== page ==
Tens of thousands of Greeks vented their anger at the nation’s political classes in Athens on Sunday, staging the biggest in a week of protests as the government seeks backing for yet more austerity.
The huge crowd packed Syntagma Square in front of the Greek parliament, booing, whistling and chanting “Thieves! Thieves” as they pointed at the assembly building.
“We’ve had enough. Politicians are making fools of us. If things stay as they are, our future will be very bleak,” said a 22-year-old student who gave his name as Nikos, Reuters reports.
Unlike the violent protests last year when radicals clashed with police, the peaceful crowds on Sunday were made up of ordinary Greeks, some of whom brought along their children.
Greeks are angry no politicians have been punished for the corruption they blame for the crisis, as well as the dire state of the economy and waves of austerity demanded under the terms of a 110 billion euro ($157.5 billion) bailout from the European Union and IMF last year.
Greeks have been protesting on Syntagma Square for five days, fired up by similar demonstrations across Spain. They were joined on Sunday night by a small group of Spaniards who had come to show their solidarity, raising banners in Spanish.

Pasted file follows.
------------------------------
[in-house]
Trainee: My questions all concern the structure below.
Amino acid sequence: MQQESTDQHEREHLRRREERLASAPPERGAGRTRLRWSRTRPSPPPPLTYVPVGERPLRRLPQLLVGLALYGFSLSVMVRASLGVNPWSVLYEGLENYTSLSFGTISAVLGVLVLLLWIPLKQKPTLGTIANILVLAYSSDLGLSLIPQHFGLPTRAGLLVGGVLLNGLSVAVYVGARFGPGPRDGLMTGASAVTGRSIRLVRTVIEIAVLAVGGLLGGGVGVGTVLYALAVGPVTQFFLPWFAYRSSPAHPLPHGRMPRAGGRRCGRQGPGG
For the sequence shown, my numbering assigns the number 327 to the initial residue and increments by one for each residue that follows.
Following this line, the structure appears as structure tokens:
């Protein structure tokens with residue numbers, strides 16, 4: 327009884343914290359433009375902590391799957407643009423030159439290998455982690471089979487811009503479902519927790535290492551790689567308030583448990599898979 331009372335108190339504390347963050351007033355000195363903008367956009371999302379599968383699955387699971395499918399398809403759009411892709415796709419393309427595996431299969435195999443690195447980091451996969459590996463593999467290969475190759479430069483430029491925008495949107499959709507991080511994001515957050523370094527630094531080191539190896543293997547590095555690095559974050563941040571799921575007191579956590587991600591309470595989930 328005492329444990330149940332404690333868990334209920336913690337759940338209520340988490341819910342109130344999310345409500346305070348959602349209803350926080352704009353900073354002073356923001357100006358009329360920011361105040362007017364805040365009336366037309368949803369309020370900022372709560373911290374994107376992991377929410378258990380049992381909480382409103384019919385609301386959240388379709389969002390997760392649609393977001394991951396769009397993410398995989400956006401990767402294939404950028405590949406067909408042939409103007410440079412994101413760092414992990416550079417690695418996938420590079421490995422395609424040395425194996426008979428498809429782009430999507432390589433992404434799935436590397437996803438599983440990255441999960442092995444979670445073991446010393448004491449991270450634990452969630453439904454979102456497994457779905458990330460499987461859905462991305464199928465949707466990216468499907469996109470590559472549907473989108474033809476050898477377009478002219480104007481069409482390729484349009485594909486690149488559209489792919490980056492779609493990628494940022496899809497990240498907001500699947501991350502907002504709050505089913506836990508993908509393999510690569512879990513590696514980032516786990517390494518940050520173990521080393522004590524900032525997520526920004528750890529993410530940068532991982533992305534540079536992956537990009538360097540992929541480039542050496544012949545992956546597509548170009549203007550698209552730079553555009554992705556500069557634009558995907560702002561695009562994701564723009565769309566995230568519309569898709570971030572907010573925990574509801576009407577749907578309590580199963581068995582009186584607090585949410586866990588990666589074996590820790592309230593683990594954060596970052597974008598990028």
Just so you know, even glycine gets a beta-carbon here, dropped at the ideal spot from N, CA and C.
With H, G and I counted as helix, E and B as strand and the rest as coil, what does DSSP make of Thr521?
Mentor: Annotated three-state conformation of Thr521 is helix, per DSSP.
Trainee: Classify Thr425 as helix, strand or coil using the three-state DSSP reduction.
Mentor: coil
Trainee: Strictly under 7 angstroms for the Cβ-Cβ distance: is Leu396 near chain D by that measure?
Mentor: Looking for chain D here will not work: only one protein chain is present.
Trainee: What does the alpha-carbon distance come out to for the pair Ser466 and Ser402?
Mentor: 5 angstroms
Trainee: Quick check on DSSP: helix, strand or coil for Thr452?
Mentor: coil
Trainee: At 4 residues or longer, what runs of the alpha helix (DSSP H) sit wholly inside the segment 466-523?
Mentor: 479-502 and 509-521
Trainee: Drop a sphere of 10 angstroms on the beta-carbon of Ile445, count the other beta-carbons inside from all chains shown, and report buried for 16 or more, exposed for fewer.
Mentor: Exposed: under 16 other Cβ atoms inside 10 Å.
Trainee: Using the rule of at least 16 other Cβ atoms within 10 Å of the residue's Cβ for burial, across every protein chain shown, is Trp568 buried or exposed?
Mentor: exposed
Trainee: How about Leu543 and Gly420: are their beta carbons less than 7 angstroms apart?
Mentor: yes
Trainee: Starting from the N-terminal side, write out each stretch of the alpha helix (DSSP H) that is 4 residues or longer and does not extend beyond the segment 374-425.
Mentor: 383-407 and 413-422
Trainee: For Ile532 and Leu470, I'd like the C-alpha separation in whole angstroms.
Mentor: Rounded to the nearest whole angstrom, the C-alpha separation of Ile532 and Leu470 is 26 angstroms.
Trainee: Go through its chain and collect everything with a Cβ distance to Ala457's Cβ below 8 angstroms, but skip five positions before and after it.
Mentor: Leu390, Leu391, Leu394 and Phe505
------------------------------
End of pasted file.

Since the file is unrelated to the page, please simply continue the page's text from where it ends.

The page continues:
Spain has not had to seek an international bailout, unlike Greece, Ireland and Portugal, but it also faces major budget problems, lack of confidence in its debt, and demand for reform.
Police put Sunday’s crowd at 30,000 although the protesters, who have few formal leaders and are prompted by Facebook, say official figures usually underestimate the size of demonstrations by a wide margin.
Before the Syntagma Square rallies began, some Spanish protesters had accused Greeks of being too passive.
But on Sunday Ifigenia Argyrou, a 57-year-old insurance consultant, said all that had changed.
“People were indignant but they needed a motivation to express that. The Spanish people gave us that motivation,” she told Reuters. “We are not sleeping, we are awake. The IMF should get out. There are other solutions without them.”
Officials from the International Monetary Fund, EU and European Central Bank are in Athens checking Greece’s fiscal progress to approve a 12 billion euro aid tranche — the fifth under the current bailout — and possibly new funding the country needs to avoid debt default.
In return, the EU wants Athens to impose yet more austerity and reform, including privatisations.
Prime Minister George Papandreou’s PASOK has a comfortable majority in parliament but one weekend opinion poll showed it had lost its lead for the first time since it won elections in 2009.